Myth No. 1: Workers crave the 9-to-5 routine of working in the office
Reality: Office-based norms have long imposed a relatively uniform insistence that work happens primarily 9-to-5. Companies have generally chosen to continue following this logic into the remote world. However, the index shows that one of the single biggest factors that influences a positive remote experience is the ability to break free of the 9-to-5 and instead work a flexible schedule.
Workers who have the option of working a flexible schedule score higher across every element of the index than those made to continue working 9-to-5. The positive impact on elements such as work-life balance (+23.0) is not surprising. More interesting is the fact that those with flexible schedules score nearly twice as high on productivity compared to those working 9-to-5 (+13.1 compared with +7.1) and significantly better when it comes to sense of belonging (-0.2 compared to -5.8).
Myth No. 2: Keeping employees aligned depends on regular meetings
Reality: Meeting-heavy schedules do not work well in the remote world. For example, workers who attend weekly status meetings actually feel worse about their sense of belonging (-2.7) than workers who receive status updates asynchronously through digital channels (+5.8).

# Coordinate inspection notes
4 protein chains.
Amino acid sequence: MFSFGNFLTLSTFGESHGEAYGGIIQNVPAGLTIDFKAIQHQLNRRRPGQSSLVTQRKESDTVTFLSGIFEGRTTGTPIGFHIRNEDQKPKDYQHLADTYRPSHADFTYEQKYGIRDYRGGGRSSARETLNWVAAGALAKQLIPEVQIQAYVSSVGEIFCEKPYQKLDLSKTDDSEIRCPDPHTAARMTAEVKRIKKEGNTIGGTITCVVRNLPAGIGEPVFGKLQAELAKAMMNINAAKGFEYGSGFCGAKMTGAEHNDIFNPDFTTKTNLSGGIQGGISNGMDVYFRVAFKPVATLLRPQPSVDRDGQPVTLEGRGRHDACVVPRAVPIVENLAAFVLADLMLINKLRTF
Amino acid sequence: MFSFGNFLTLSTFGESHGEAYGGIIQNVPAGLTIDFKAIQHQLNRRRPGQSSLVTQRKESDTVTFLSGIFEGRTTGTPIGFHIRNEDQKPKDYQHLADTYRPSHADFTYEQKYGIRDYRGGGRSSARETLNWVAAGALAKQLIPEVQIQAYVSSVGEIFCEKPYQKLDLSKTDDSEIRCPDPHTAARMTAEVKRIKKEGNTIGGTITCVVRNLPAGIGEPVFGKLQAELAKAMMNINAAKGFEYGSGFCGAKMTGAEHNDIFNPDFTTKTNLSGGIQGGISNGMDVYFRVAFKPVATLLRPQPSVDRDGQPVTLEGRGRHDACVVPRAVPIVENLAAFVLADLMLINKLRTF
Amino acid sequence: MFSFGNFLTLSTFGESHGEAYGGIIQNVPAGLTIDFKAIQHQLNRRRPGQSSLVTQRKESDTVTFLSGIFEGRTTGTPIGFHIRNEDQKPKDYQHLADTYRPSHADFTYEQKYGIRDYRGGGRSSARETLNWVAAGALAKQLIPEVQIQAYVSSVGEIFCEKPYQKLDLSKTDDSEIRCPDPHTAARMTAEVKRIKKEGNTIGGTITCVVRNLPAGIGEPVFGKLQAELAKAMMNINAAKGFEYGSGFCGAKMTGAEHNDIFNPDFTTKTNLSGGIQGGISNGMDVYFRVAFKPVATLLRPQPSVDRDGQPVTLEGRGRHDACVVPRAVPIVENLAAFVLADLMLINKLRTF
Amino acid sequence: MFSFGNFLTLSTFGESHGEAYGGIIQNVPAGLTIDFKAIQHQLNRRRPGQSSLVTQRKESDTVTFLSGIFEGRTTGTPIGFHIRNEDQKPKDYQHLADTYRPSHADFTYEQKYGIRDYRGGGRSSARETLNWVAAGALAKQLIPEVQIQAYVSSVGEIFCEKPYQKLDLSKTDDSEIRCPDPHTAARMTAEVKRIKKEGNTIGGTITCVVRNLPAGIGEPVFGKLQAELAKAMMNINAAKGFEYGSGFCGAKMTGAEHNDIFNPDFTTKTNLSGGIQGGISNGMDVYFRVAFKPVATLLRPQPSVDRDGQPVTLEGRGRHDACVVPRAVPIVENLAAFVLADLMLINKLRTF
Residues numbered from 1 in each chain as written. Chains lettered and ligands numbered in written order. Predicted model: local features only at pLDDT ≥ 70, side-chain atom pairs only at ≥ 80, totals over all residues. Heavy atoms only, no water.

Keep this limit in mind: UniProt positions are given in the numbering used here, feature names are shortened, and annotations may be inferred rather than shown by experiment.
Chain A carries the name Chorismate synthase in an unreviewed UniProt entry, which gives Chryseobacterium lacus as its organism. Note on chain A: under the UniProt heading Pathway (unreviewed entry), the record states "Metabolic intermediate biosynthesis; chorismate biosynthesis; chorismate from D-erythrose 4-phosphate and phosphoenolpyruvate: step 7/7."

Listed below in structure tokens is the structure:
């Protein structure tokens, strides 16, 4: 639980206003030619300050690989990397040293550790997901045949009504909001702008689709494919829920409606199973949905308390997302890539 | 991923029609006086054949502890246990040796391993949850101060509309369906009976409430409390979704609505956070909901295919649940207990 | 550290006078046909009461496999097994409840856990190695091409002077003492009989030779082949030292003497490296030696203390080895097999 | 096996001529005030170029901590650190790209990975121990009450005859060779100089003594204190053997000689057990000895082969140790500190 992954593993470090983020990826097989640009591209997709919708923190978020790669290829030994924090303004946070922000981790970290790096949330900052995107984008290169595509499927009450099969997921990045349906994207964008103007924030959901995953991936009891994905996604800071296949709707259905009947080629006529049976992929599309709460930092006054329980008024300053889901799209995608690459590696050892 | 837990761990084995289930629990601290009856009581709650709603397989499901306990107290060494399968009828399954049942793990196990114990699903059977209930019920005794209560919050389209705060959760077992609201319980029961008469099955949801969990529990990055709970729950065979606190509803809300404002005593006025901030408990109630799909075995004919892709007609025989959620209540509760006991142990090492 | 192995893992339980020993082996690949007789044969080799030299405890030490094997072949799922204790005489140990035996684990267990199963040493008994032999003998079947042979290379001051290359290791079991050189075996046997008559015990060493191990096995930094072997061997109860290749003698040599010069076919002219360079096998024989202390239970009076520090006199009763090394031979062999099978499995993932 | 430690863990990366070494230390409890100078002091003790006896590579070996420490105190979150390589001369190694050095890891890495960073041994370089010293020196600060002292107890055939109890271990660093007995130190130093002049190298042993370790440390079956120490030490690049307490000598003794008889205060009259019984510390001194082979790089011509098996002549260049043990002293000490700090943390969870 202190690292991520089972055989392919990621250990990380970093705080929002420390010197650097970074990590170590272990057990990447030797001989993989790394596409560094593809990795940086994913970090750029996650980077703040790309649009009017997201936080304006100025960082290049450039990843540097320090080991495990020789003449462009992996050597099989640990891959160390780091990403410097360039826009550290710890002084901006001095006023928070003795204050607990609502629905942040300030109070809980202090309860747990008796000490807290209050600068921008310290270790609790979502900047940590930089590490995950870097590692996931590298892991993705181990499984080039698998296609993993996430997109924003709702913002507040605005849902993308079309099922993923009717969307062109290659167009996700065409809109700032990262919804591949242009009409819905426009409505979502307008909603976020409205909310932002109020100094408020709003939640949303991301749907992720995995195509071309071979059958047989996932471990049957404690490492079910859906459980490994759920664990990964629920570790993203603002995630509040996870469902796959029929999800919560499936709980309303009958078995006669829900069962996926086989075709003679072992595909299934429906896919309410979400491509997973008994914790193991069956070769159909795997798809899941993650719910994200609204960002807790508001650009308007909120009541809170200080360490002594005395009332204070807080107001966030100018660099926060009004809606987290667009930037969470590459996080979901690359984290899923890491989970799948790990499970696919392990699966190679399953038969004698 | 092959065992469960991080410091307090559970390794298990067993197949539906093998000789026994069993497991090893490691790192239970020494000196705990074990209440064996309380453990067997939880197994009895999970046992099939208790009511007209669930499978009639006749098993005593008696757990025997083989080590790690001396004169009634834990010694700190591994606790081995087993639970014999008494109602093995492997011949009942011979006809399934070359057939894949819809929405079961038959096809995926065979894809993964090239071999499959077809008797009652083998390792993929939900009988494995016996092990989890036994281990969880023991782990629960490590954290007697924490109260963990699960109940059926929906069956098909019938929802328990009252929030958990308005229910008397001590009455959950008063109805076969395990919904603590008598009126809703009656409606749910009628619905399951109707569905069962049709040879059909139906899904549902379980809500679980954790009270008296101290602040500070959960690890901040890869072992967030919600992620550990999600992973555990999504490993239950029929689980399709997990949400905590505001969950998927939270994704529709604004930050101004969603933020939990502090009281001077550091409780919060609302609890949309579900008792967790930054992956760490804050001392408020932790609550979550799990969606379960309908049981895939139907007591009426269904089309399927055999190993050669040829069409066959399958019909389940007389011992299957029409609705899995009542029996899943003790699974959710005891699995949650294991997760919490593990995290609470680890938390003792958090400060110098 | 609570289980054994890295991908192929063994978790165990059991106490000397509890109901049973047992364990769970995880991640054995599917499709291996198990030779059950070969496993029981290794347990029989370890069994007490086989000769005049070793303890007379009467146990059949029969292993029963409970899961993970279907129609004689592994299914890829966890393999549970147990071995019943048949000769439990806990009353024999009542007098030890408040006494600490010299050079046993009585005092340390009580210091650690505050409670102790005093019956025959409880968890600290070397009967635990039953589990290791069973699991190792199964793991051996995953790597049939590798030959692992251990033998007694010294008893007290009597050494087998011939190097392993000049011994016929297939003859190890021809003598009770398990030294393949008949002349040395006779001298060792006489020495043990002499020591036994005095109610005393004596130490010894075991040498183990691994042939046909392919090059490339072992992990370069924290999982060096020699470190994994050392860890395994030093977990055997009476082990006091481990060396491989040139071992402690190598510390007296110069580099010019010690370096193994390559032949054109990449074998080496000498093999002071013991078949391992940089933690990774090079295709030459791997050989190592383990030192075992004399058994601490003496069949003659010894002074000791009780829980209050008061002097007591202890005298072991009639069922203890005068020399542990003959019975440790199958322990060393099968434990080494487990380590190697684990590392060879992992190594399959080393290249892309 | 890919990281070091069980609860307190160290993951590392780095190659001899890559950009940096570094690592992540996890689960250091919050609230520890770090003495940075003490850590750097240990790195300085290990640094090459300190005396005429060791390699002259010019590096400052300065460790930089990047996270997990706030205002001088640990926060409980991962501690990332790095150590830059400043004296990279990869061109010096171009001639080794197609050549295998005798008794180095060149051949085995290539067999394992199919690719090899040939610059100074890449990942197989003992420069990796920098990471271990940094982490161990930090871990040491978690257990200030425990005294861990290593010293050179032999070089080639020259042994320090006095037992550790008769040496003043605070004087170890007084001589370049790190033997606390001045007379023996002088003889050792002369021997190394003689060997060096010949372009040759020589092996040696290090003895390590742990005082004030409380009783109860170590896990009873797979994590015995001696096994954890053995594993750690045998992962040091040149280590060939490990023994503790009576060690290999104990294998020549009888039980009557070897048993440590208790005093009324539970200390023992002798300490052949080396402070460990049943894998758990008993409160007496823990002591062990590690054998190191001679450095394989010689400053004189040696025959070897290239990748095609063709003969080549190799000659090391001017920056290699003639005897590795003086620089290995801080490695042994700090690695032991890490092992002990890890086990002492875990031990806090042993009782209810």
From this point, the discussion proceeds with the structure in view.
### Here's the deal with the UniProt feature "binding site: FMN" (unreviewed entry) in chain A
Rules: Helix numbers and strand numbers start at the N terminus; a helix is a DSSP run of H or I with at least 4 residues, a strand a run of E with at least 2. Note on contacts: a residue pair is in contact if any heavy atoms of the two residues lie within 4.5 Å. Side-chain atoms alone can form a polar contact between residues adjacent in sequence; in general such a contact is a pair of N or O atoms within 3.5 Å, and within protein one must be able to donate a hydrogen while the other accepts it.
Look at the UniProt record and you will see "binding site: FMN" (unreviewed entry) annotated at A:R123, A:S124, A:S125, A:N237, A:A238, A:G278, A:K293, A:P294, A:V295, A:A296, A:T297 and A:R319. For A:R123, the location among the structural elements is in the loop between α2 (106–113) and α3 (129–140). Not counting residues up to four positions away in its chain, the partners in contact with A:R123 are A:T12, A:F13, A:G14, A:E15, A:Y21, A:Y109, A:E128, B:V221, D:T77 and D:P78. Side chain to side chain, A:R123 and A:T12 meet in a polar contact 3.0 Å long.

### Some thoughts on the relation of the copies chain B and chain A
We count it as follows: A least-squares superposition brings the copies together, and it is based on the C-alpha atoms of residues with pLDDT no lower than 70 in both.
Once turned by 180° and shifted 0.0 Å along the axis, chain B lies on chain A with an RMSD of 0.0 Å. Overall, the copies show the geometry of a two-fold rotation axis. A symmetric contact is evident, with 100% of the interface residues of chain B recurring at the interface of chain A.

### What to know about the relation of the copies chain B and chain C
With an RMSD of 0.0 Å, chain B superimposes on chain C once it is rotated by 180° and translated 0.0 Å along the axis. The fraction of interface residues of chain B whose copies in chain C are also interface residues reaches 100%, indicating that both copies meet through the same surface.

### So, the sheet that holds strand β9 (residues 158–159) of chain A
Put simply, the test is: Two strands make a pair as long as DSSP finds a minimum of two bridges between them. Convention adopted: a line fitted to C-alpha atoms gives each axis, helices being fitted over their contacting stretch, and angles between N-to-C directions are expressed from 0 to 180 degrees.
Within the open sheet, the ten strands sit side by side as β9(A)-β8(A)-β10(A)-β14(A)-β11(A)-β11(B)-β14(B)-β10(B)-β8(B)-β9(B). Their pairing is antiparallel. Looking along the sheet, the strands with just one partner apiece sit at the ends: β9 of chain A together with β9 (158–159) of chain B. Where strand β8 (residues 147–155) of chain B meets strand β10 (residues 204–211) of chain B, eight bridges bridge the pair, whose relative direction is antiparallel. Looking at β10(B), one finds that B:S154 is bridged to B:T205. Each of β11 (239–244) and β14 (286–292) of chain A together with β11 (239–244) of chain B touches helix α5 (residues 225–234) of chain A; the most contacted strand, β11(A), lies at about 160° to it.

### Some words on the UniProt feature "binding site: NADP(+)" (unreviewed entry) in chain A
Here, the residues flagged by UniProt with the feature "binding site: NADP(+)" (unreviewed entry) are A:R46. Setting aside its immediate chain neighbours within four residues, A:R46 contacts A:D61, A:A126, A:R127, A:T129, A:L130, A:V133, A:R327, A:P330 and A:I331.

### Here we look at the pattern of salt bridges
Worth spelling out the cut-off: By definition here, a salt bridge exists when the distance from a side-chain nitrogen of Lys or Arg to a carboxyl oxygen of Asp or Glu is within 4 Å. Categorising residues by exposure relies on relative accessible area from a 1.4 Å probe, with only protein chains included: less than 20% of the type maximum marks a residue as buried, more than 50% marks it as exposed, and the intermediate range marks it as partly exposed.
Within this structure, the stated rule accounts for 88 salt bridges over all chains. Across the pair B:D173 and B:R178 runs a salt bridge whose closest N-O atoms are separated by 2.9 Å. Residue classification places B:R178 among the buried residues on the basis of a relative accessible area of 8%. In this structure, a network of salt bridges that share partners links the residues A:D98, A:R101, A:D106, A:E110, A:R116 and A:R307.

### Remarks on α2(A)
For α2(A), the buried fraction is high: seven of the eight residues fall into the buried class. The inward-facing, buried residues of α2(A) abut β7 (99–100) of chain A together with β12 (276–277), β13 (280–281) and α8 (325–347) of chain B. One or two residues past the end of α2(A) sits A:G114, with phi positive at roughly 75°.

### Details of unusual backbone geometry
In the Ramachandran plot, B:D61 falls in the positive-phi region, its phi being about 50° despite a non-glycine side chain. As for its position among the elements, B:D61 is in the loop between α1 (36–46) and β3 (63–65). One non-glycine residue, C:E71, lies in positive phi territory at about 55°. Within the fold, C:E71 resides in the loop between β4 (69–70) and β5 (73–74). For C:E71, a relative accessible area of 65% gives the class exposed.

This new form of asynchronous communication depends on companies giving employees access to modern tools. The index shows that employees working at companies that are early adopters of technology have dramatically higher ‘sense of belonging’ scores: +4.7 compared to -8.5 for employees at companies that are slow to adopt technology.
Some level of live interaction continues to be important to building and maintaining team chemistry. The index shows that organisations need to build in opportunities for social interactions less frequently but more explicitly. The interactions that have the most significant impact on workers’ sense of belonging are:
- Biweekly team celebrations to recognise team members or achievements (+9.9)
- Monthly team-building activities (+9.7)
- Monthly games or unstructured group social activities (+8.1)
Myth No. 3: Workers with children all face the same challenge
Reality: There is one group that faces a disproportionate challenge in balancing work and child care: women with children in the US. They have a lower overall score (+7.4) compared with both US men with children (+14.3) and women with children outside the US (+12.3). These differences are particularly pronounced in areas such as: